Planet Business

Knockout UFC returns, ‘leprechaun economics’, David Cameron and the flying urinals

Image of the week: David who?

At the time of writing, Britain has not been subject to a military coup, although frankly who knows what's going on anymore. For one of his last engagements as prime minister, David Cameron dropped in on the Farnborough International Airshow where he spoke with British crew-members of a Boeing P-8 Poseidon maritime reconnaissance aircraft. Let's hope they had some good Netflix recommendations. "We need to make the most of the cards in front of us," said the man criticised for taking a massive gamble with the UK economy and losing. And then the heavens opened, torrential downpours forced the Farnborough trade buyers under the wing of fighter jets for shelter, the power was shut off and the site closed early for the day.

Photograph: Reuters/Peter Nicholls

In Numbers : Ultimate deal


$4 billion

Sum that talent and sports agency WME-IMG has agreed to pay to buy mixed martial arts brand Ultimate Fighting Championship, better known as UFC.

$2 million

Amount that the previous owners, casino entrepreneurs Lorenzo and Frank Fertitta, paid for the franchise in 2001. This is what's known as a knockout return.

1.1 billion

Estimated number of television households that UFC “reaches”, making it very difficult to go anywhere in the world to escape Conor McGregor.

The Lexicon: Leprechaun economics

Oh dear, oh dear, oh dear. The Government and the Central Statistics Office, knowing full well that its calculation of 26.3 per cent GDP growth in Ireland last year was merely an accounting technicality, can't have been too happy to see it dubbed "leprechaun economics" by Nobel-winning economist Paul Krugman.

His tweet was met with sighs from Irish people fed up with twee leprechaun stereotypes, though the analogy had a solid underpinning. Just like the leprechaun’s pot of gold, the Irish economic boom – nearly four times the rate of Chinese growth – does not exist, party times for aircraft leasing aside.

Still, it might be best to come up with a more sensible measure for the Irish economy before Krugman realises he could have gone with “leprechaunomics”.

Getting to know: Flying urinals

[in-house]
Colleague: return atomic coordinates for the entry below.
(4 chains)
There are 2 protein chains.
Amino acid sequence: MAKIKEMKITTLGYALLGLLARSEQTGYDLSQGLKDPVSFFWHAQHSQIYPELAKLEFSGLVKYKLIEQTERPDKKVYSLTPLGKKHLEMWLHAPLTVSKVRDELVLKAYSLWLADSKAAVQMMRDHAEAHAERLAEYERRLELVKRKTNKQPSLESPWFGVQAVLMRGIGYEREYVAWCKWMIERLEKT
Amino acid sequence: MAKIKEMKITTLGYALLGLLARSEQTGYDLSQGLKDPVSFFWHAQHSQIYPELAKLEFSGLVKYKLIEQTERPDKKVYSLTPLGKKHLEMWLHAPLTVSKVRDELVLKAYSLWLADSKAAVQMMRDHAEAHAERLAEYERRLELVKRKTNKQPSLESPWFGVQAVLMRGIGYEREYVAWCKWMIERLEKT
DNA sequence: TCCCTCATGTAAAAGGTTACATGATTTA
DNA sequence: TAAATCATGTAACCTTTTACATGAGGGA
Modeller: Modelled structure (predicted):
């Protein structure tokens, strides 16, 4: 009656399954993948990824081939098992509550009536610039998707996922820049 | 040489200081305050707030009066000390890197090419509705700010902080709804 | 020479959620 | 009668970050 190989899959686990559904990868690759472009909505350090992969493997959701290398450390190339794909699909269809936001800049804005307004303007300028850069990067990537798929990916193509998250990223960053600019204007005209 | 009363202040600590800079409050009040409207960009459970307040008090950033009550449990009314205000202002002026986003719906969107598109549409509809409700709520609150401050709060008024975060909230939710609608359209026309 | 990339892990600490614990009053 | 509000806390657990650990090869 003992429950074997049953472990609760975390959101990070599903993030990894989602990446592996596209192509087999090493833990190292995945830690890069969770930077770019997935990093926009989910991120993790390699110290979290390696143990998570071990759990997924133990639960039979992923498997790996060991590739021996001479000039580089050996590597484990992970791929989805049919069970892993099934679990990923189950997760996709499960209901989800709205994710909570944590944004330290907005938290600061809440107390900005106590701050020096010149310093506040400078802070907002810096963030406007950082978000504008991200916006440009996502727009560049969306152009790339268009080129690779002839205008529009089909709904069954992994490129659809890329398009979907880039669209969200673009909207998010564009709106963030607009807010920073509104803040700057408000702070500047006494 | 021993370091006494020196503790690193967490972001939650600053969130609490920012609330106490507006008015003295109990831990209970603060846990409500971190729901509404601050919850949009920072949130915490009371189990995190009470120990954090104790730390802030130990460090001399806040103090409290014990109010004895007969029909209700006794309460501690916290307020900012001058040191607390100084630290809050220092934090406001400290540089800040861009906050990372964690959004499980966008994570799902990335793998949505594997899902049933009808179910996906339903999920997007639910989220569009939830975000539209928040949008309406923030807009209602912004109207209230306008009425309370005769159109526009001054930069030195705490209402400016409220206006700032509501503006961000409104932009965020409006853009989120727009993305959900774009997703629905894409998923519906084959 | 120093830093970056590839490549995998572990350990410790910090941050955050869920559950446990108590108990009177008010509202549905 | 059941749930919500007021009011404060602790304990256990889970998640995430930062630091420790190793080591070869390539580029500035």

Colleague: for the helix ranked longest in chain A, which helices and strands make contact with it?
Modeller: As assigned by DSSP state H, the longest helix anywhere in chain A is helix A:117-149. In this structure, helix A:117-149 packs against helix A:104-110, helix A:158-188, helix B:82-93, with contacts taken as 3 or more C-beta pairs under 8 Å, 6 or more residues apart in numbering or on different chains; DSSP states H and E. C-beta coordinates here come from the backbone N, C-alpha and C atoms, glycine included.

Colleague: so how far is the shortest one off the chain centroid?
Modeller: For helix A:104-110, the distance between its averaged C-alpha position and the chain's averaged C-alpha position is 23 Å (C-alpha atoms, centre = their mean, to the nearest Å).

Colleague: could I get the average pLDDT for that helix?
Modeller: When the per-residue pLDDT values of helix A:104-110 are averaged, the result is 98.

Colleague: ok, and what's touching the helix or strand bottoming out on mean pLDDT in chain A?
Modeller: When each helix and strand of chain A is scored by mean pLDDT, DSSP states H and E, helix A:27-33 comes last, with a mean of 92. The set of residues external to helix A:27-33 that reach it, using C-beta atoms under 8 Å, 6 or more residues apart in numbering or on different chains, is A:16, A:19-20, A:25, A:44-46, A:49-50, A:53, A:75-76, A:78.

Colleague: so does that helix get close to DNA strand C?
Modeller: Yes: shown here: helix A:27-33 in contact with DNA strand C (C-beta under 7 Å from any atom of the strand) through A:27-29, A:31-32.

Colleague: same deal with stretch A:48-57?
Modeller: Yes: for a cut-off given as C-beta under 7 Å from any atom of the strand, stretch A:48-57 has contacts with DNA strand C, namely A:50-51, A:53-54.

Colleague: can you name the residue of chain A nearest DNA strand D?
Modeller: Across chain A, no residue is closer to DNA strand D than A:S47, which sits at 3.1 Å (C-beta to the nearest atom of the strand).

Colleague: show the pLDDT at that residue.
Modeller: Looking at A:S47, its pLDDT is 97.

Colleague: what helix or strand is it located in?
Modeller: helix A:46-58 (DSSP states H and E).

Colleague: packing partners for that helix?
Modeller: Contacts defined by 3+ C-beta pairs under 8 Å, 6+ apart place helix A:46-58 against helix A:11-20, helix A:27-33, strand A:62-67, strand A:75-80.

Airbus is thinking about introducing the first ever men's urinals – the first ever official urinals, that is – on its planes, because it believes this might be a better use of space, although chief executive Tom Williams did note that it would be "a bit sexist to have a men-only toilet".

The best thing about this story is that an organisation called the British Toilet Association then warned of the inevitable "olfactory consequences", as the Daily Telegraph euphemistically phrased it. "One of the biggest problems with urinals is that they smell strongly," Raymond Martin of the association told the newspaper, suggesting a full listicle of urinal problems might be on its way.

The big question is, will Aer Lingus advise people to wipe down the urinal as a courtesy to the next passenger?

The list: Best-paid celebrities

“One of the biggest things in business is to open yourself up for change” was the Forbes “Quote of the Day” on Wednesday from Jay Z. But the rapper was a mere 36th on Forbes’s list of the highest-earning celebrities in 2015, with the top five looking like this:

5 Cristiano Ronaldo

Moths, but no flies, on the Real Madrid forward and Portugal captain as he pocketed $88 million in 2015.

4 Dr Phil McGraw

The television personality was last seen suing the National Enquirer and he has the cash to do so.

3 James Patterson

In a rare turn of events, a writer of fiction makes money – indeed, some $95 million by Forbes estimates.

2 One Direction

Only coming third in The X Factor has proven no barrier to global domination for the now four-pronged boyband, who shared earnings of $110 million between them.

1 Taylor Swift

The Spotify-eschewing singer pulled in $170 million as she took her 1989 album on tour. She replaces boxer Floyd Mayweather at the top of the Forbes list.